Determining speed from video for Use of Force and Traffic Reconstruction

Published on December 15, 2017

Kelly Watt

Its amazing the problems video presents to users who are not familiar to the numerous ways CCTV, dash-cam and body-cam recording devices distort the true data. Most proprietary video players distort or change video when the DVR is compressing it, especially when multiple videos are running through 1 DVR, or when a higher quality is taxing the bit-rate.

Images can be stretched as aspect ratios are not accurate, colors distorted, loss of details/edges, strange artifacts show in the image, and/or data is sometimes removed in this process. Often times image frames are dropped or even removed completely from the playable video players. We reviewed one case showing 4 frames per second in this demonstration, when the original frames were 30 frames per second. Also, frame rates can be inconsistent. In one case we showed the original recording with a frame rate starting at 1 frame per second, then jumping to 10 frames per second and showing varying rates. When viewing a use of force scenario it may appear that an officer lunges at the suspect in custody and slammed him against a wall, but after reviewing the inconsistency of the frame rates the story is much different.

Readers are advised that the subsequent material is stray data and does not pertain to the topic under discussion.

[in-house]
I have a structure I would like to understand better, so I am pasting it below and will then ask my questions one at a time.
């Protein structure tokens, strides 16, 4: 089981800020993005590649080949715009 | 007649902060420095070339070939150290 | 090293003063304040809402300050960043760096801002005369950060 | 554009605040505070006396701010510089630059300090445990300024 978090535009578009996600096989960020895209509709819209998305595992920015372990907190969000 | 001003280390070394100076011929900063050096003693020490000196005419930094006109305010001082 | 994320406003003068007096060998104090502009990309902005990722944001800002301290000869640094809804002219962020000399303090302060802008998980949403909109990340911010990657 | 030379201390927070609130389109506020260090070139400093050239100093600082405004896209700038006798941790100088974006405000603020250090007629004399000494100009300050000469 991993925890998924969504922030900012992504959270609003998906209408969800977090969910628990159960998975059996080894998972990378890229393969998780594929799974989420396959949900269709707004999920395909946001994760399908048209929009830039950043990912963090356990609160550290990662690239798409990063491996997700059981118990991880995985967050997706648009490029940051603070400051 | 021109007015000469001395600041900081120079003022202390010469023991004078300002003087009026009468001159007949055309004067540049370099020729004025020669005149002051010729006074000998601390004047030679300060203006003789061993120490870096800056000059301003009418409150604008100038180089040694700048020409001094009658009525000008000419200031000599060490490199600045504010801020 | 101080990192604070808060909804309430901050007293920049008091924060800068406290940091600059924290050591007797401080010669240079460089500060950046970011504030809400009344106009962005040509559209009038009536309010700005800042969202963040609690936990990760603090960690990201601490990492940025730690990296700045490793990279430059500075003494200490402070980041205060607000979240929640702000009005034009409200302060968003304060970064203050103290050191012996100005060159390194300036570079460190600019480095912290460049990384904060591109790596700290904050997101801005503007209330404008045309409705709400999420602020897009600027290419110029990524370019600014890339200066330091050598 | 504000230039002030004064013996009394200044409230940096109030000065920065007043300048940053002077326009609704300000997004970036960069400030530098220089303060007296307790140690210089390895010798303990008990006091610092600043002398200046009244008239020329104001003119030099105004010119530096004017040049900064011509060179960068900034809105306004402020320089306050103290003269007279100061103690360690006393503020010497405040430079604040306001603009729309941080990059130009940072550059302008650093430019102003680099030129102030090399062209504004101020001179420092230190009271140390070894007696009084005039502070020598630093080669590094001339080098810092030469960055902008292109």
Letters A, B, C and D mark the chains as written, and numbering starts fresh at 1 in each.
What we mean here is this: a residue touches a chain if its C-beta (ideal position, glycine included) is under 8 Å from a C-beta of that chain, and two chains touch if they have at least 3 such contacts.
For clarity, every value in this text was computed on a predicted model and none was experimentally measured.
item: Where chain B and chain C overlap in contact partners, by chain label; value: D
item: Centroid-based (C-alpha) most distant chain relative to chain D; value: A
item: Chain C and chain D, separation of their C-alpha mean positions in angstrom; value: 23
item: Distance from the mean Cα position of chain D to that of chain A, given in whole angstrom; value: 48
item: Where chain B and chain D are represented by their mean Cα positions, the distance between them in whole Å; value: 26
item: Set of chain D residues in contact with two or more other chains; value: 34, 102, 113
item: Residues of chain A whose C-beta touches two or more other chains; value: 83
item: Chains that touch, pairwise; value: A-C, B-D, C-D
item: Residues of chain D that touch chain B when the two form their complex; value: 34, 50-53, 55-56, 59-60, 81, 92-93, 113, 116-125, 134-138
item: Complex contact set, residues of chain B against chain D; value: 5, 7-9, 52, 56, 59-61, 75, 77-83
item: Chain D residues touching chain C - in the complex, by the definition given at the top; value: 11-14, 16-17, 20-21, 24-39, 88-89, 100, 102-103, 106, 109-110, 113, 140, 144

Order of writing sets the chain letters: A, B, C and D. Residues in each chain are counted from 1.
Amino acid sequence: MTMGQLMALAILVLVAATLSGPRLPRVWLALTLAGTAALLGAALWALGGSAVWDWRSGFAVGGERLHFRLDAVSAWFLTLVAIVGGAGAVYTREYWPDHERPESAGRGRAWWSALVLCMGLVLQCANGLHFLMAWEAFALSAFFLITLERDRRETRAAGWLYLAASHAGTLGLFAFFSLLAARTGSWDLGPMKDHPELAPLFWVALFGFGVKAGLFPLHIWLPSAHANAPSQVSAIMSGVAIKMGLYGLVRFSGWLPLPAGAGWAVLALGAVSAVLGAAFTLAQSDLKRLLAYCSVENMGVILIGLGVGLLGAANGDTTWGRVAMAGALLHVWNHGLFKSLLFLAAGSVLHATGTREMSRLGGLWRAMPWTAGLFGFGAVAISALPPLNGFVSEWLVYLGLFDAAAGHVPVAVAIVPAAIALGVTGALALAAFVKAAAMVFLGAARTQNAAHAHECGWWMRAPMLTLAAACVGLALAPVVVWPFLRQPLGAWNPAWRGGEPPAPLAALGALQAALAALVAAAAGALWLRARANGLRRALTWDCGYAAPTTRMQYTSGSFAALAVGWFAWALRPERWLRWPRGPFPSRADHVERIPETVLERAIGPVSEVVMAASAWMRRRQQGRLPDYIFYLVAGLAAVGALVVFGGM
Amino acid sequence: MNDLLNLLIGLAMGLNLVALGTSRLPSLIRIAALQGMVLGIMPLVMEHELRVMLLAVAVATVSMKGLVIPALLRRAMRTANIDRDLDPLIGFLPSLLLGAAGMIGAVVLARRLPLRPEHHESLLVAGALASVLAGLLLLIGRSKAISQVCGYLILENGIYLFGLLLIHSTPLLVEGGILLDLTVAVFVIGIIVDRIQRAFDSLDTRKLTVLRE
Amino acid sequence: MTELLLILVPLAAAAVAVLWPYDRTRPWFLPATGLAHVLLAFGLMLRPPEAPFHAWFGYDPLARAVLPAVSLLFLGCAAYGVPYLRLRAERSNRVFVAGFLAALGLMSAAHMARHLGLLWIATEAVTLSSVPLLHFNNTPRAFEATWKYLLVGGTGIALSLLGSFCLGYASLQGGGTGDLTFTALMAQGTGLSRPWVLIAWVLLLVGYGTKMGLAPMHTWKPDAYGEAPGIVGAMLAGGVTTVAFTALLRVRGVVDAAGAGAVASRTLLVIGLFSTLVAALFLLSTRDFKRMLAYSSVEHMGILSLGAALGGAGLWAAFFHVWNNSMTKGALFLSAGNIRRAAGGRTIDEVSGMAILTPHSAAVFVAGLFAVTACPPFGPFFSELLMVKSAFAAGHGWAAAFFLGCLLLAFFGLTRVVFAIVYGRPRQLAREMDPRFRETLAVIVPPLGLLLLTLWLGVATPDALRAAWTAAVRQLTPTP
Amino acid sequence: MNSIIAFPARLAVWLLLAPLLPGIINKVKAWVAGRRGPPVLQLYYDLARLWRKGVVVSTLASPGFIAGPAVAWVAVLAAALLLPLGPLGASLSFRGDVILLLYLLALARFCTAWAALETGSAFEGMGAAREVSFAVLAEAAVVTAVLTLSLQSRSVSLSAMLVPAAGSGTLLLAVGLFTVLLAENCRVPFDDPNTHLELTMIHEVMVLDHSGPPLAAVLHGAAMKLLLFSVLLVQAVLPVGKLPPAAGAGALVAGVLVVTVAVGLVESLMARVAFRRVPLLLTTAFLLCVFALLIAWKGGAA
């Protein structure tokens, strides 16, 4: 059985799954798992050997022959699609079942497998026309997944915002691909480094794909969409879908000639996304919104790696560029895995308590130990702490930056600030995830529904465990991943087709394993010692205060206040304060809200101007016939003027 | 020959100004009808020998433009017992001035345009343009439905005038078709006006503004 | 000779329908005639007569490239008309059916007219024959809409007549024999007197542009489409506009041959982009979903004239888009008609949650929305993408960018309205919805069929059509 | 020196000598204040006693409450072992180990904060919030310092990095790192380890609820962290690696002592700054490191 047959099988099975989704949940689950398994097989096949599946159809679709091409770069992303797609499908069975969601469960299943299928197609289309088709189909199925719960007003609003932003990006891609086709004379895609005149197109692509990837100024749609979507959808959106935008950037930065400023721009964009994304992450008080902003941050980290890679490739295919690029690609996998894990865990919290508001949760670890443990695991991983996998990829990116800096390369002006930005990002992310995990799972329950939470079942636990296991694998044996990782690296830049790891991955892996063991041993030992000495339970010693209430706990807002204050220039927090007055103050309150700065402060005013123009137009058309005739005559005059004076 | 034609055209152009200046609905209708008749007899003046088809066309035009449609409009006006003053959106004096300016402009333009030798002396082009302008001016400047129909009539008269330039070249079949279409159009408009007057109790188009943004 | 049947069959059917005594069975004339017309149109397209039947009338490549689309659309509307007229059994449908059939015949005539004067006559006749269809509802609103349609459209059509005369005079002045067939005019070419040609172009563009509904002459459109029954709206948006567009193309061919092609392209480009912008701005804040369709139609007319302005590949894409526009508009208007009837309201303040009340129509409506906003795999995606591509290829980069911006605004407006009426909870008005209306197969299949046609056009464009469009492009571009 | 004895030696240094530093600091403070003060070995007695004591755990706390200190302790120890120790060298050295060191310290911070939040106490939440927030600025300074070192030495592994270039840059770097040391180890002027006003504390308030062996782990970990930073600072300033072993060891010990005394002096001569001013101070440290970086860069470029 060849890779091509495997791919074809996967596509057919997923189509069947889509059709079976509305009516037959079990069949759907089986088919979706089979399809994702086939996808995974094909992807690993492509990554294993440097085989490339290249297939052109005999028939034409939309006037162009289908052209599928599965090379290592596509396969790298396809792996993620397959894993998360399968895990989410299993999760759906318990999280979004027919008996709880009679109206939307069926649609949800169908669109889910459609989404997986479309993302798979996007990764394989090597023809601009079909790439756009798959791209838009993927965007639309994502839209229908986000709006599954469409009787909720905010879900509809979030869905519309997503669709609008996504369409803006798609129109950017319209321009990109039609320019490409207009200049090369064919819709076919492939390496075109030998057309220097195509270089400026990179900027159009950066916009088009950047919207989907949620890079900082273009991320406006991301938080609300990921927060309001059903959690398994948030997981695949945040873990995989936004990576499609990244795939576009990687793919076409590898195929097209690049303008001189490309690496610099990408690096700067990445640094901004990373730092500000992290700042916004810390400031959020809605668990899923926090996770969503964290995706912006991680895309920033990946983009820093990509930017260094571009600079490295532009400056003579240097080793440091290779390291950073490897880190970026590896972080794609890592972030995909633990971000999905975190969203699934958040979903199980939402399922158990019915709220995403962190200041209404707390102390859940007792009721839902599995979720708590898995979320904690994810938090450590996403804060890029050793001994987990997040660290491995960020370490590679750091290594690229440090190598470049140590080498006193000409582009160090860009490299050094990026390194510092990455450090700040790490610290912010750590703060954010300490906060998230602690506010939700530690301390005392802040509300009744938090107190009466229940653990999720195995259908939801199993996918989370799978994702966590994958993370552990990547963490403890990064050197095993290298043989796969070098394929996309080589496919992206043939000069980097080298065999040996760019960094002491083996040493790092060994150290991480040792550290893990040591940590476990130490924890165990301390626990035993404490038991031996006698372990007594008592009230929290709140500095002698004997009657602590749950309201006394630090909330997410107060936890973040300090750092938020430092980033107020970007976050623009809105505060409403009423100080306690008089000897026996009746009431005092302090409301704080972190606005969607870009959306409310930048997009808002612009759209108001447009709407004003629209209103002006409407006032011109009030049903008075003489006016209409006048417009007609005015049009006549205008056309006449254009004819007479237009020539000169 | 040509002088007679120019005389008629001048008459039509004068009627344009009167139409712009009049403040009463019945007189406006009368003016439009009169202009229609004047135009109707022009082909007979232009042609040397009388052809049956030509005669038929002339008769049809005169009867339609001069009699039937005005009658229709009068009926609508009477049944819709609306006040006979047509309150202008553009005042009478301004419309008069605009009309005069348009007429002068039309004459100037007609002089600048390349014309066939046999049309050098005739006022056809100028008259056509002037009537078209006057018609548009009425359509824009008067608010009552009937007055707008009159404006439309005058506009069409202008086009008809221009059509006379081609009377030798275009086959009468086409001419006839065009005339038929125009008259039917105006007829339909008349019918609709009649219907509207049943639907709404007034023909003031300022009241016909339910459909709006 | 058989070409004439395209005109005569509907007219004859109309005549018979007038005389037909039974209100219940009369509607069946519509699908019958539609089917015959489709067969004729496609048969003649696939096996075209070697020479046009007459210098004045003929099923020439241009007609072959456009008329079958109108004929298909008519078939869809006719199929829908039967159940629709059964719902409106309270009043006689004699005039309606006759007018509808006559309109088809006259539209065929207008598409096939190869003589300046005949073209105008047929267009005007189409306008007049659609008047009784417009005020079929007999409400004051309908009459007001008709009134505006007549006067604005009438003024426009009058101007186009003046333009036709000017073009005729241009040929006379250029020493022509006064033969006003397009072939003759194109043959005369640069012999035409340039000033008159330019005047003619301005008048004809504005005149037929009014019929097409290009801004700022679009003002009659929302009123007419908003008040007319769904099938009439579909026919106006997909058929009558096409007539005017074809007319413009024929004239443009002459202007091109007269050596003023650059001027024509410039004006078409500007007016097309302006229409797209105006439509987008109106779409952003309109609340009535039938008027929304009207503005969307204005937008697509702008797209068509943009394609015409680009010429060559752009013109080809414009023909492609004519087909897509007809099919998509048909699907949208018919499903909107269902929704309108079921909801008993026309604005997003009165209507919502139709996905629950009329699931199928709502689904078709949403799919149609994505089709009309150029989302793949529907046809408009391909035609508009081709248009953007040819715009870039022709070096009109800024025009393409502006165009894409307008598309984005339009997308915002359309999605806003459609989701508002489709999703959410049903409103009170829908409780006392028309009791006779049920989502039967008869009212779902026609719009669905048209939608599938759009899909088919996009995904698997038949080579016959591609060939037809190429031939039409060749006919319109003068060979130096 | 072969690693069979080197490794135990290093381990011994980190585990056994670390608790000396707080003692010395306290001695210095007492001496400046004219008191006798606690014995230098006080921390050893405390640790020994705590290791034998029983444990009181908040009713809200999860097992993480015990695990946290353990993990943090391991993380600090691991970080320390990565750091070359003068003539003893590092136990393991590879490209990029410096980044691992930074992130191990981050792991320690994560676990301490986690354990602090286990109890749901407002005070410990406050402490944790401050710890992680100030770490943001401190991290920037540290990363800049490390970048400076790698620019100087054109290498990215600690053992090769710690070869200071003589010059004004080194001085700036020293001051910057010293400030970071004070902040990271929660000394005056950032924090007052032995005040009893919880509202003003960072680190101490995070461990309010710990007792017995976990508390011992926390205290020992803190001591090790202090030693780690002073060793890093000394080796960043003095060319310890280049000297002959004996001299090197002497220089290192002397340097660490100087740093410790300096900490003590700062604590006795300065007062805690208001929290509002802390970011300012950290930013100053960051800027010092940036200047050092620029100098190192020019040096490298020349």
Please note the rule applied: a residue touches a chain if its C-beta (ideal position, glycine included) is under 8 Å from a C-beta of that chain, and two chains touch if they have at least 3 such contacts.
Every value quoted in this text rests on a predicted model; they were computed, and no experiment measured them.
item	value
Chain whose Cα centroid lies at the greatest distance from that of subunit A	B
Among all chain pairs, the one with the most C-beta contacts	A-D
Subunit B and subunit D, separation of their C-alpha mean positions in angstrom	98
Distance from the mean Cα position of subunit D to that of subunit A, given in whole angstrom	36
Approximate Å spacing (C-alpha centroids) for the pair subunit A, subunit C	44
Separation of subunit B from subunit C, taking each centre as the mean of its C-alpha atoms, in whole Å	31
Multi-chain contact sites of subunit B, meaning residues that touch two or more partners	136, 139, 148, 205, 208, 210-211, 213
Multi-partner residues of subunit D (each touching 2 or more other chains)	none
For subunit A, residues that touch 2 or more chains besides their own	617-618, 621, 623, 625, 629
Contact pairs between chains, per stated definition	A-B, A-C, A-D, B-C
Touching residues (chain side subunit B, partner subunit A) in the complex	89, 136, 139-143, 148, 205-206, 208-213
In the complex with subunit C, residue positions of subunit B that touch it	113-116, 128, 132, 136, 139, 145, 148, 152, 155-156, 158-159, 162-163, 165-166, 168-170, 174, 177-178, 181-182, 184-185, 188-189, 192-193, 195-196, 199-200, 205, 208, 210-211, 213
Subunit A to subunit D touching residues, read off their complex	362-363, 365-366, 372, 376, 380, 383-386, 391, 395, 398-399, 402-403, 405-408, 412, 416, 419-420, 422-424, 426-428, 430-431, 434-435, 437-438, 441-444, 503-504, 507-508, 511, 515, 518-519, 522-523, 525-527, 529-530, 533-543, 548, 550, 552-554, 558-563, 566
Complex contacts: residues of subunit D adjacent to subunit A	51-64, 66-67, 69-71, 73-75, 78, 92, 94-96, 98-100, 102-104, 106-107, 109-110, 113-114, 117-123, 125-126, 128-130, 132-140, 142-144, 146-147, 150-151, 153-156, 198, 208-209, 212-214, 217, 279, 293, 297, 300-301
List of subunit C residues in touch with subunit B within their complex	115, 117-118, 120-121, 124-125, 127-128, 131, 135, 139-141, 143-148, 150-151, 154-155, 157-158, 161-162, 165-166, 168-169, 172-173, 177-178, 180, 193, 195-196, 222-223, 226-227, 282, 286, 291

Compressed image frames called Predictive frames, or “P” frames, literally ignore changing data. They ignore pixels from the previous frames, only to capture movement. Objects can appear or disappear as a result, distorting what actually occurred causing very poor quality image frames. In order to better understand these video clips or images, we may need to enhance or clarify by removing the “P” frames and matching the “I” frames to better see what had occurred. DVR players interfaces can also cause users headaches with limited functionality or ability to read critical meta data. Investigators screen record video from DVR players or snip screen shots which offer distort results. Traffic Investigators may count image frames with the assumption that frames rates are consistent, presenting results that are not true. Learn more about how you as an officer, investigator, accident reconstructionist or forensic engineers can prevent mistakes during investigations by using the software experts use; iNPUT-ACE.

This demo will show how iNPUT-ACE is able to read proprietary files, extract raw original data in a meaningful way that help you better understand issues that occur when viewing video from DVR’s and proprietary readers. The demo will also show you some good workflows for a better understanding of how speed and frame rates impact our understanding of events in use of force and traffic reconstruction. For a product demonstration, please visit our website or email Kelly Watt